Nai Jarar, a six-year-old Palestinian girl from the West Bank city of Jenin, presented herself in a group of children’s outfits in front of cameras. With long blond hair and green eyes, the 3.6-foot girl exuded confidence and wasn’t afraid of the cameras.
“I am happy to be the youngest fashion model in the West Bank,” said Nai, as she completed displaying her outfits.
Nai was quite confident when she was very little. According to her mother Mai Jarar, Nai has never been timid nor reluctant in front of the cameras.
Two years ago, when Nai started wearing children’s clothes from her aunt’s new clothing shop, she was photographed as a model for children’s clothes and the photos were posted on social media. Many Palestinian fans on social networking websites applauded her confidence and spontaneity, praising her lovely facial features and sense of color matching.
After Nai became more widely known, dozens of local clothing shops hired her to work as a part-time model to promote their products on social media platforms such as Facebook and Instagram. The need for models for their garments has increased in the last two years as more merchants in Ramallah city have turned to social media to advertise their clothes, catering to the changing habits of consumers who now spend more time on cellphones. For each photo session, Nai receives 50 U.S. dollars.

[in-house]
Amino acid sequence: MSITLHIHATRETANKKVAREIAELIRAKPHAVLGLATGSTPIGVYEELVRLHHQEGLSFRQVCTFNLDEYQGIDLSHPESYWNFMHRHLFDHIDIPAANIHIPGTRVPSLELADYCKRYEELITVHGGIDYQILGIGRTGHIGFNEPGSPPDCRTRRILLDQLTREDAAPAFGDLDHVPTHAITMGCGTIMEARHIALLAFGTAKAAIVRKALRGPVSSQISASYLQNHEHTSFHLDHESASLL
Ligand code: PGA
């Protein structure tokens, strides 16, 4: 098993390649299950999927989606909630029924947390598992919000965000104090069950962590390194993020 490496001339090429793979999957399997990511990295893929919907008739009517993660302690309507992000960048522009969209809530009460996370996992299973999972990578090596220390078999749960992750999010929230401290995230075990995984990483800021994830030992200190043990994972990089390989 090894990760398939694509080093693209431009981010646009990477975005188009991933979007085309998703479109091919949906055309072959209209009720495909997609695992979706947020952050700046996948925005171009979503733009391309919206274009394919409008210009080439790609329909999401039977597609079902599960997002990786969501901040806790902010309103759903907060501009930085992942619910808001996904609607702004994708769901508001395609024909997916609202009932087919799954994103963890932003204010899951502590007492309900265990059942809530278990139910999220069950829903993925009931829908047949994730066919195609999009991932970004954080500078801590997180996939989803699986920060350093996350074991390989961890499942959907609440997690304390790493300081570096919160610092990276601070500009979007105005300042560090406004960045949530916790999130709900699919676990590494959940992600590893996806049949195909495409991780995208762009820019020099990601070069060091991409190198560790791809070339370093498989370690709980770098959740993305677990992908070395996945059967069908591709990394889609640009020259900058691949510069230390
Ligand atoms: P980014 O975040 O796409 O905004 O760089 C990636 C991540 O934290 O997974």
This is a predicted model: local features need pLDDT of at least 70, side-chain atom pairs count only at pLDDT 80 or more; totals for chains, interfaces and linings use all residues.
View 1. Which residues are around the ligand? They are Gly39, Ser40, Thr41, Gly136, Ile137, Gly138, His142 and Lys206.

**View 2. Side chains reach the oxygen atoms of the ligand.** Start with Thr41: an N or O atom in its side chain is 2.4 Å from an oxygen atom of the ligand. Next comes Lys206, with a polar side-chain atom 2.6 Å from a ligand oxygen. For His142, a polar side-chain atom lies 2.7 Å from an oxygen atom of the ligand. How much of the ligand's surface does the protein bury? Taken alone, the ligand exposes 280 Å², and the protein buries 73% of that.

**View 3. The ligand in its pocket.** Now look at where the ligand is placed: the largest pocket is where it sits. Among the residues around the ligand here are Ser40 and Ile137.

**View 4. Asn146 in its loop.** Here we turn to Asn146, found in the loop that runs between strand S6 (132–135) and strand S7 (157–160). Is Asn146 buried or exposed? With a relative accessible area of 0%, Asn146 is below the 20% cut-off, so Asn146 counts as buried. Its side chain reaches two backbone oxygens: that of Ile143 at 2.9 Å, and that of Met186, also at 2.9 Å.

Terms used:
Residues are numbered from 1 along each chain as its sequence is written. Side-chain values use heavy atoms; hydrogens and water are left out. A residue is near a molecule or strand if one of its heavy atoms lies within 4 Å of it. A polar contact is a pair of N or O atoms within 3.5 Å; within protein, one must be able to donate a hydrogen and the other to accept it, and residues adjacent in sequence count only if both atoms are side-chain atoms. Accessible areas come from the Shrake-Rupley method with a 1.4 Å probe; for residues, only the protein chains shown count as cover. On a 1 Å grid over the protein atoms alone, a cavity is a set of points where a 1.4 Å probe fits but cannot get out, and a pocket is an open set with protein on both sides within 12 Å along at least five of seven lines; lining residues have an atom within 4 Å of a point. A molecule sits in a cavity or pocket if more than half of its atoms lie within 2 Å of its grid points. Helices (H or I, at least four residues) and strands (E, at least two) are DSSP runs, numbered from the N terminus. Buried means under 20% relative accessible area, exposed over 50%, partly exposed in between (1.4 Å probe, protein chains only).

When it comes to taking photos, Mai assists Nai in selecting outfits, and Nai selects the colors that best suit her. Nai is also nurturing and acquiring her fashion sense through social media platforms such as YouTube channels.
“I am able to mix and match, and I want to be a world-famous fashion designer in the future,” said Nai.
Despite the positive prospect, Nai’s mother, 33, is under fire, with some accusing her and her husband of violating Nai’s childhood rights by encouraging her to work at such a young age.
Mai responded by saying she had encouraged Nai to “make education a priority for her in the future” while supporting her goal to be a fashion designer.
Moreover, the world has changed, and the technological advancement of the modern era, such as social media, would replace the old media and help more people accept her daughter’s talent, according to Mai.
Nai said she was as passionate about studying as she was about fashion.
“Despite the fact that I am in the first grade, I enjoy study just as much as I enjoy clothes and fashion,” Nai told Xinhua.